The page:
The Kallevesi are a deeply religious people, believing fundamentally in the power of faith and the spirit. While most of them embrace the Way, they are often at odds with more orthodox priests. The virtues provide power, it is true, but they are not the only spiritual forces that the Kallavesi honour. There have been repeated accusations that in private the Kallavesi talk about the inspirational power of the ancestors of the Winterfolk, more than they do the recognised paragons and exemplars. They are said to commune with the spirits of the dead in a manner more suited to orcs than Imperial citizens, and to make use of dream quests, trance-like meditation, and drugged inspiration to receive inspirations that have little to do with the doctrine of the faithful.
Wisdom is the pre-eminent virtue of the Kallavesi, and many dedicate their lives to seeking it. Unlike some Imperial citizens, they are more likely to look for wisdom internally through meditation than externally in books or the counsel of others. They also seek to share their wisdom and understanding - Tekupala, who served as an advisor to Empress Mariika (and, if stories are believed, a great many other Wintermark heroes through the centuries), is an inspiration to many Kallavesi people.
The Kallavesi are also Vigilant, keeping their eyes peeled for threats to themselves and their people. The Kallavesi urge the vigilant to listen to their instincts, and heed their intuition - if one has a bad feeling or a nightmare about someone or something, they often argue, it is a sign that there is something to be worried about.
Courage is greatly valued among the Kallavesi. They believe that once a decision is made you should commit yourself utterly to that path and hold nothing back. It may take them time to decide what needs to be done, but once that decision is made they strive to act with the irresistible force of an avalanche. The skein teaches that once a choice has been made, it cannot be unmade, and must make the best of it.
Loyalty is especially prized by many Kallevesi - especially those who take up roles as counsellors or guides. They understand that true heroism requires many sacrifices - a hall can only have one thane, but they must be supported by many if they are to rule wisely and well. The Kallevesi welcome the chance to work through others, content to put aside the glory of leading for a chance to guide a great leader's skein.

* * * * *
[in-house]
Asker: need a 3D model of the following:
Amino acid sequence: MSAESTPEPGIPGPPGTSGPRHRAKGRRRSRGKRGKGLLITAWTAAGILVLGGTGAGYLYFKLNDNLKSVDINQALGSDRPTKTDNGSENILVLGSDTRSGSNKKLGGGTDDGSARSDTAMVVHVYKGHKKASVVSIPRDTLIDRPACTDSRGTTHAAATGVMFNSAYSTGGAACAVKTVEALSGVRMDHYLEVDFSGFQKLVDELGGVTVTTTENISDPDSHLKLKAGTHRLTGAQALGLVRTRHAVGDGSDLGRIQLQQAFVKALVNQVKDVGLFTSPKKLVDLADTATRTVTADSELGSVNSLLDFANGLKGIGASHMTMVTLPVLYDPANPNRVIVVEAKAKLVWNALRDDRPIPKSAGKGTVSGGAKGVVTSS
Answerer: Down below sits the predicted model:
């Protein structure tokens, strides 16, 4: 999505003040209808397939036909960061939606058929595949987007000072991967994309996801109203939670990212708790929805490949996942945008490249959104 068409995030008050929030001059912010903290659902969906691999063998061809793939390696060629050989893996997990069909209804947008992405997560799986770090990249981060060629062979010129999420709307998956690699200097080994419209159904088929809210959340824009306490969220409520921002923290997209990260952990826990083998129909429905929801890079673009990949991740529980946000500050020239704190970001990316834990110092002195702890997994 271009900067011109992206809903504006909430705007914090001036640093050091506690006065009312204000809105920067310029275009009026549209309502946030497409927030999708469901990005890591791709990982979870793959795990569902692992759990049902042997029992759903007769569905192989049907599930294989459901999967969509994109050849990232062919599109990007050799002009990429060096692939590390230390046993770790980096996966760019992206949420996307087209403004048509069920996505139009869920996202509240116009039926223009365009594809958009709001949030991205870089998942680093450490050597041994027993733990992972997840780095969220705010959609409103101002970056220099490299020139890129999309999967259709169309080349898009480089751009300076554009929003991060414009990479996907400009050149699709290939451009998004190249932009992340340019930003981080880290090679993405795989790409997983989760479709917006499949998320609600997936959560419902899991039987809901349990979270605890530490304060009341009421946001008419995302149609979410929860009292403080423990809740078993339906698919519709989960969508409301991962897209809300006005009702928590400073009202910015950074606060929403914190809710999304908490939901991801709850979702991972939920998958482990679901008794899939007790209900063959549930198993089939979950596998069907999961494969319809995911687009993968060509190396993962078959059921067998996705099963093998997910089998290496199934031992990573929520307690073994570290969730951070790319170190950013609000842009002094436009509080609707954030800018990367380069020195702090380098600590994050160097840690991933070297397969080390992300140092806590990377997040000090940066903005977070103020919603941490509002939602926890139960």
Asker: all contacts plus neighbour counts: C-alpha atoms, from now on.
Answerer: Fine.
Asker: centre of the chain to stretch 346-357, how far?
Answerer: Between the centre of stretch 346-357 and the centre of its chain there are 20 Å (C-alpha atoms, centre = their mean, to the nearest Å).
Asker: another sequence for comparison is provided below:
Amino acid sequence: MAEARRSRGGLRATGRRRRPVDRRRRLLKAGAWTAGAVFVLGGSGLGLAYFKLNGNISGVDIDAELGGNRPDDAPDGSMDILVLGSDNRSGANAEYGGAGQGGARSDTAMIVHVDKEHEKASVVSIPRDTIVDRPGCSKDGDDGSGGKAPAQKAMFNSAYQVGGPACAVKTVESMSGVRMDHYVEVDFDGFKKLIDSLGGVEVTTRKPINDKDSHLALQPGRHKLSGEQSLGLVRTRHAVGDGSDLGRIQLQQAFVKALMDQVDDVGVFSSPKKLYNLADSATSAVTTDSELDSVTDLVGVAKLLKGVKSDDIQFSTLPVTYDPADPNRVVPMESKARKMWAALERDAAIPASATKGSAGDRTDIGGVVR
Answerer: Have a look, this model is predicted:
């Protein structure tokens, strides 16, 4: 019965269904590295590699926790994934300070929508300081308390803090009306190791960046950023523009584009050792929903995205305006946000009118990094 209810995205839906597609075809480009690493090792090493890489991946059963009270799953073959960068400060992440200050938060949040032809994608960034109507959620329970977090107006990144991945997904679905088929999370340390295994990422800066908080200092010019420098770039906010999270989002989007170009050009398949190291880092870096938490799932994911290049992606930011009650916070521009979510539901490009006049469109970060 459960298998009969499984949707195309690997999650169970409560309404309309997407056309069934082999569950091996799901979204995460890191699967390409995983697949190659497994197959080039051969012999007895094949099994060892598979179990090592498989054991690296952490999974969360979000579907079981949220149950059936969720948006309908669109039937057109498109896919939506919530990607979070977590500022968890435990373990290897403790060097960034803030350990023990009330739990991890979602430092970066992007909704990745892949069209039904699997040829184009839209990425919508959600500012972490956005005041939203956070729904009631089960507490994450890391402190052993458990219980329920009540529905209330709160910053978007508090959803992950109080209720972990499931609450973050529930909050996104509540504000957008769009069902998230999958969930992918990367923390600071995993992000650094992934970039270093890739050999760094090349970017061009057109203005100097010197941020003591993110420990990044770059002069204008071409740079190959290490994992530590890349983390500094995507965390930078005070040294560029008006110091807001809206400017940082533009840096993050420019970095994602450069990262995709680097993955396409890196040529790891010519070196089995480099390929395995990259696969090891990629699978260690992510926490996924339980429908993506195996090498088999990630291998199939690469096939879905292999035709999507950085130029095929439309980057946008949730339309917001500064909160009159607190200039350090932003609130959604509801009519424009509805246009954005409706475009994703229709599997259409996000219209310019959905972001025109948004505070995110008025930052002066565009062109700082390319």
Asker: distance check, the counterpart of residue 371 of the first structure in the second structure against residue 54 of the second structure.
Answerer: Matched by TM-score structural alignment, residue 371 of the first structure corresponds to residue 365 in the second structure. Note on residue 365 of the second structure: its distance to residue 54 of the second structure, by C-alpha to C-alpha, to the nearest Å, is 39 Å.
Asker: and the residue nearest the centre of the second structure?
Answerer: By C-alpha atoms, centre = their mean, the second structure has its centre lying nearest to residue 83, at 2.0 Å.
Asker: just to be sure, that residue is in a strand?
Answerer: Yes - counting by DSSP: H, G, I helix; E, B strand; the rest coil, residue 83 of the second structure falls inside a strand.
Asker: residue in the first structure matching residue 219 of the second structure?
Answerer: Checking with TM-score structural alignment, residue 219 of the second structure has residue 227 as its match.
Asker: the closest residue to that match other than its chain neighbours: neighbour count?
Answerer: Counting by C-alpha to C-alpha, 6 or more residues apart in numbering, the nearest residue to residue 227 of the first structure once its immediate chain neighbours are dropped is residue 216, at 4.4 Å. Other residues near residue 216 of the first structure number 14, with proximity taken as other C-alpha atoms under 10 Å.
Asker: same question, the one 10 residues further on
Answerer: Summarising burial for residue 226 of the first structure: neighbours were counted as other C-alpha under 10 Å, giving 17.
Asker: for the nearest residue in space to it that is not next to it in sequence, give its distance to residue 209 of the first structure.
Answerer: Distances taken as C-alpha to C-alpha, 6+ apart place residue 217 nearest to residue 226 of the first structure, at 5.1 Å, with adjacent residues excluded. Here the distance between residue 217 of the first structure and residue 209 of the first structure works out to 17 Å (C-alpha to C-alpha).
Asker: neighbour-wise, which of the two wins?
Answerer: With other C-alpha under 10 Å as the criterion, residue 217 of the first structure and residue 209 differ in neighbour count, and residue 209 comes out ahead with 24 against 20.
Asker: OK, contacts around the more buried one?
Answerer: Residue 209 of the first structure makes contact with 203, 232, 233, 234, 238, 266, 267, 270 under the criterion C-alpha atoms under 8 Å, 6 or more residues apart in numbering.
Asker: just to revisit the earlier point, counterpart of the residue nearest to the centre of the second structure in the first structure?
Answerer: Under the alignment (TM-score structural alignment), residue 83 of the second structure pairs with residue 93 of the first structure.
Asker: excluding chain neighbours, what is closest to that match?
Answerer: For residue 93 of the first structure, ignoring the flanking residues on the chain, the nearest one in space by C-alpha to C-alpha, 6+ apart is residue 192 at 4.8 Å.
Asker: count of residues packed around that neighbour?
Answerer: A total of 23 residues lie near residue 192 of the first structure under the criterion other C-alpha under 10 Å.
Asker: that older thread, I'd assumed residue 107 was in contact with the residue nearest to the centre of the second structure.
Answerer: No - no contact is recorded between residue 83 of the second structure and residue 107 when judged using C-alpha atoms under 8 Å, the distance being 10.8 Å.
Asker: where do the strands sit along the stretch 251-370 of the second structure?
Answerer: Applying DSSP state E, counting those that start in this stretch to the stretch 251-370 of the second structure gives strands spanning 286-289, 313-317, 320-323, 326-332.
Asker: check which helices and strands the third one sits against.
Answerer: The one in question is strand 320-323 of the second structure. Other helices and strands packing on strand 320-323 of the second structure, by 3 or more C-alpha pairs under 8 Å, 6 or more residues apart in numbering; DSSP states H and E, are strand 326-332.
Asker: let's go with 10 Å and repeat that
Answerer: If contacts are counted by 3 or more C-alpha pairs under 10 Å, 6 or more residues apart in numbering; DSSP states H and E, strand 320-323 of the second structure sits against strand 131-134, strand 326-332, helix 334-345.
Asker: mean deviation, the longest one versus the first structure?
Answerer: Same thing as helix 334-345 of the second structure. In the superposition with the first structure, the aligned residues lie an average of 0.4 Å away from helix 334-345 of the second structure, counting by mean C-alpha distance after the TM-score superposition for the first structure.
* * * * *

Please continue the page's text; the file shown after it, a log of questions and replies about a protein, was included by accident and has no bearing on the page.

Regardless of their calling, the followers of this tradition have a preoccupation with spiritual matters. The magical practices of the mystics are well known, but are only one example of the way the Kallavesi weave mysticism into every walk of life. Warriors, thanes, diplomats, artisans, and scops alike draw on the deep well of Kallavesi esoteric understanding to guide their path.
The Wintermark customs surrounding birds and feathers are well known, but they are even more pronounced with the Kallavesi. According to mystic lore, a bird’s wisdom is contained in its feathers. Kallavesi often make a point of collecting and wearing any feathers they find, seeking to gain mystical insight by absorbing the discarded thoughts of the bird that shed them.
Like their Suaq cousins, some Kallavesi warriors choose certain beasts as personal totems, often wearing a beast skull or leather and bone mask as a helmet. The meaning a beast has may be quite subjective drawing on personal symbolism and idealised imagery. One Kallavesi warrior might wear a wolf helmet to draw on the fierce Loyalty of the wolf pack, while another might favour a wolf-skin cloak as a reminder of the bold ferocity the wolf shows against threats.
A few Kallavesi also keep the traditions of ancestor reverence alive among the Winterfolk. Before the Way, the three peoples honoured their ancestors as exemplars of heroism and the right way to live. Since joining the Empire, some Kallavesi have continued to quietly teach the stories of honoured ancestors with the same weight as the stories of exemplars and paragons. There has always been a great deal of interest in having these ancestors recognised as paragons and exemplars by the Imperial Synod.